It was a gathering of activists masquerading as deep thinkers. Ostensibly, it was to celebrate seven decades of the Universal Declaration of Human Rights, one devised in the aftermath of a traumatised world and easier to do so for that fact. But this gathering on Lonsdale Street, Melbourne which featured irritatingly optimistic speakers showed the lamentable weaknesses in the human rights project. Human rights continues to be ever susceptible to personalisation and haggling, a manipulated concept that all too often serves the select.
Human rights remains as much fashion and political statement. In Australia, the idea that such rights have truck with the political classes is a very flimsy notion indeed. A country that praises itself constantly as a paragon of freedoms and liberties is bound to find common ground with those people’s democracies who insist on keeping political prisoners and confining individuals indefinitely. Australia’s record on matters regarding the UDHR remains abysmal: indefinite detention regimes outsourced and funded on tropical Pacific islands; permitted, open-ended control regimes for those who have served their time in prison yet still remain a matter of interest to the state; and various infractions committed after September 11, 2001 in anti-terrorist operations.
Rights documents, be they the universal declaration itself or a charter that might embed those provisions, is also politically difficult to sell. When Prime Minister Kevin Rudd received the report from Father Frank Brennan on having a Human Rights Act he insisted, rather uncharitably, that he had been served a shit sandwich. (Scatological references were a favourite theme with him.) Despite going through the exercise of having such a consultation committee, the project for a human rights act would be shelved; the sense that Australia remains resistant to such abstract notions as free speech and privacy remains strong. Many thanked their stars that the decision by Rudd had essentially set back the discussion of rights in Australia by a generation.
The Charter of Rights movement is yet another grouping of human rights activists and lawyers in Australia attempting to encourage the country’s citizens to embrace something tantamount to a Bill of Rights. It uses the bland measures of advertising and mild condescension, more in the hope that citizens will succumb to the sheer power of persuasion.
But even these advocates cannot, nor want to see the implications of having a firm, entrenched civil and political rights document immune from the predations of Parliament. Shen Narayanasamy, Human Rights Campaign director at the lobby group GetUp!, managed a sneer at the idea of free speech, largely because it was the sort that might be embraced by affronted conservatives and self-satisfied bigots.
Lee Carnie of the Human Rights Law Centre, a fellow panellist, argued that any charter would necessarily have to be subordinate to the wishes of Parliament. The “legislative dialogue model”, as it is termed, still privileges the role of that all-powerful, and often erratic body, one that can imprison, separate from the judiciary, any citizen or resident who supposedly impugns and impairs its functions. Parliament, notably one run by majoritarian instincts, remains a constant threat to the liberties of the citizenry.
Such views seem to come from the harsh bottlebrush of Australian suspicion: we have rights, but these are revocable by the whim of the legislature; we have rights, but these are susceptible to modification by judicial and parliamentary fiat. The result is a rather meagre appreciation for the very idea of rights, one stifled by process.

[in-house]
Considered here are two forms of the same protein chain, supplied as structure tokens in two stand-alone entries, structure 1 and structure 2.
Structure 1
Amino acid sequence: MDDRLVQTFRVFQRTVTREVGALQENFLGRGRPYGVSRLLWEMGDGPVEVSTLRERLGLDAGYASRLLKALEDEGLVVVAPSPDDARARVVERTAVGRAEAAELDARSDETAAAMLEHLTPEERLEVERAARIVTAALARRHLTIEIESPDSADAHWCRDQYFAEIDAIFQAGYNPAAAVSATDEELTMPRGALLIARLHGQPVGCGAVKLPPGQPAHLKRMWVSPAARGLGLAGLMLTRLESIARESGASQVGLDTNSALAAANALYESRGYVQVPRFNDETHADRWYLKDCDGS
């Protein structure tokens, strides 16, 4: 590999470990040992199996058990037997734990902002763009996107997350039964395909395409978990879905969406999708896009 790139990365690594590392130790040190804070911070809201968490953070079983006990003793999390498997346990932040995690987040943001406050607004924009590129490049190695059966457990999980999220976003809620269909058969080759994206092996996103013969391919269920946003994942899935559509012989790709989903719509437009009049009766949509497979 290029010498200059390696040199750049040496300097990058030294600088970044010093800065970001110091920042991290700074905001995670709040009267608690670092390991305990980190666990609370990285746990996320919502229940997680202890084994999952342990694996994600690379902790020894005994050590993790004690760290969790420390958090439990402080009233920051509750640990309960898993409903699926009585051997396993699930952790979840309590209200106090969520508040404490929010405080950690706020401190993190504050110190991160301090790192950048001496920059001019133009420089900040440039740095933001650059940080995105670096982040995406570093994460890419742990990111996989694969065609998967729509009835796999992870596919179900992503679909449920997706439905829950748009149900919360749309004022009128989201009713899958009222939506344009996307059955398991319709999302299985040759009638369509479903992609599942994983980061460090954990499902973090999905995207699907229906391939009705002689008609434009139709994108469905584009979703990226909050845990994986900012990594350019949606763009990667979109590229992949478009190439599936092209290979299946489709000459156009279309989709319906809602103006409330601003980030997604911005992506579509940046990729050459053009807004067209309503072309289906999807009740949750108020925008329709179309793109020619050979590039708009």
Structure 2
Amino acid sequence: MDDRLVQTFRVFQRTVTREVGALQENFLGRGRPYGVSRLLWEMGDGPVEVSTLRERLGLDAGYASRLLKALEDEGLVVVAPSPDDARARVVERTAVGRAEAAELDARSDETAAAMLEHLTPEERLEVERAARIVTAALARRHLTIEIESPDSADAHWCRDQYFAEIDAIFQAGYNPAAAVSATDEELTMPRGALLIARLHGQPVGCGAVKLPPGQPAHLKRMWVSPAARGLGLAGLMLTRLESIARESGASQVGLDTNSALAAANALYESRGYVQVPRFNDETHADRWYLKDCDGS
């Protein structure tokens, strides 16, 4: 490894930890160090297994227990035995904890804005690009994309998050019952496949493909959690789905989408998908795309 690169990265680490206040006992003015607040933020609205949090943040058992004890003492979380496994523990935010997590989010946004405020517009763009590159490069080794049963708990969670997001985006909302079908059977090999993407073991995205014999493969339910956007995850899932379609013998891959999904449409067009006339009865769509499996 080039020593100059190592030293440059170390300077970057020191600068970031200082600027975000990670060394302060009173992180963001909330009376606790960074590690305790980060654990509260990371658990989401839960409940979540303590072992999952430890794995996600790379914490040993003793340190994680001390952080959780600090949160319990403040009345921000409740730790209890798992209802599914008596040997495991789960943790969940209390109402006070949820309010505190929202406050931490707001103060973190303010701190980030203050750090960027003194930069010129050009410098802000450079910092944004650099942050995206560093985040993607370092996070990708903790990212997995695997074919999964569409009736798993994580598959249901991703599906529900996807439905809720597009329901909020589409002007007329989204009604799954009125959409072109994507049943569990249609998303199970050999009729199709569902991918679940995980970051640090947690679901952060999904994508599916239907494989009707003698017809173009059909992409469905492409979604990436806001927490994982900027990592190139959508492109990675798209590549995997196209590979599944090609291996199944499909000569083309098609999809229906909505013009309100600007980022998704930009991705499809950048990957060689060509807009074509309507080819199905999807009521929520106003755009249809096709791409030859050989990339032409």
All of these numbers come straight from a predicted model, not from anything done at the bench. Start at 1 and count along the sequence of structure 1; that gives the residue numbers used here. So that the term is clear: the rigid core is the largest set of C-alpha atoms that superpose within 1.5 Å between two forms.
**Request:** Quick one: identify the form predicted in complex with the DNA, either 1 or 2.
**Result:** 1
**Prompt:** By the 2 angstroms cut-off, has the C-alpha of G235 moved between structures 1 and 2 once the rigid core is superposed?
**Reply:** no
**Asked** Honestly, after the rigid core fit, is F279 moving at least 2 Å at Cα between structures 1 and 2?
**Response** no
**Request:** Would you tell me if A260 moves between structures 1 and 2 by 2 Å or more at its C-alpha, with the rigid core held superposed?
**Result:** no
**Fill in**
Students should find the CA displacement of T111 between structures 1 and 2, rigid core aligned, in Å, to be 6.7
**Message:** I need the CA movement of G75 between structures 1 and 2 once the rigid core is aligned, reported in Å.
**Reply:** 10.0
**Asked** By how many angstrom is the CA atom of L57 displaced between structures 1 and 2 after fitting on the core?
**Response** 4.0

What, then, are Australians left with? The Universal Declaration, or what lawyers suggestively term “soft law”, comes to mind. As “soft” law, it should not be treated as irrelevant and without utility; its crawling influence has been significant and long lasting, even if removed from any direct enforceable mechanism. It is not the stuff to make black letter lawyers swoon; in some cases, it causes them considerable bowel disruptions of discomfort.
In the words of Michelle Bachelet, UN High Commissioner for Human Rights, “It has withstood the tests of passing years, and the advent of dramatic new technologies and social, political and economic developments that its drafters would have foreseen.” As the United Nations information site claims, “the UDHR has inspired a rich body of legally binding international human rights treaties.” With confidence the organisation insists that “more than 80 international human rights treaties and declarations, a great number of regional human rights conventions, domestic human rights bills and constitutional provisions” have been birthed in that vortex of inspired drafting.
Scepticism and criticism of it remain. It has been accused of ethnocentrism, Western-oriented tendencies and presumptuousness. Ajamu Baraka sees the document as nobly inspired but hopelessly applied, historically bound and shackled to bad habits of history. “The historic project temporarily diverted by the war as a result of the German bringing the horrors colonial domination unleashed by the European invasion of what become the ‘America’s’ in 1492, back to Europe, and applied to other Europeans.” (He avoids any mention of Japanese brutalities and the World War undertaken in the East which had its own variant of domination at play.) His suggestion is one of decolonising the declaration.
Aspirational gloss has always been central to such a document; application continues to be, if not poor, then non-existent in some cases. We are left with the imperfect callings of soft law, one that seeks to move and germinate, rather than becoming, in of itself, an enforceable document it can never hope to be.
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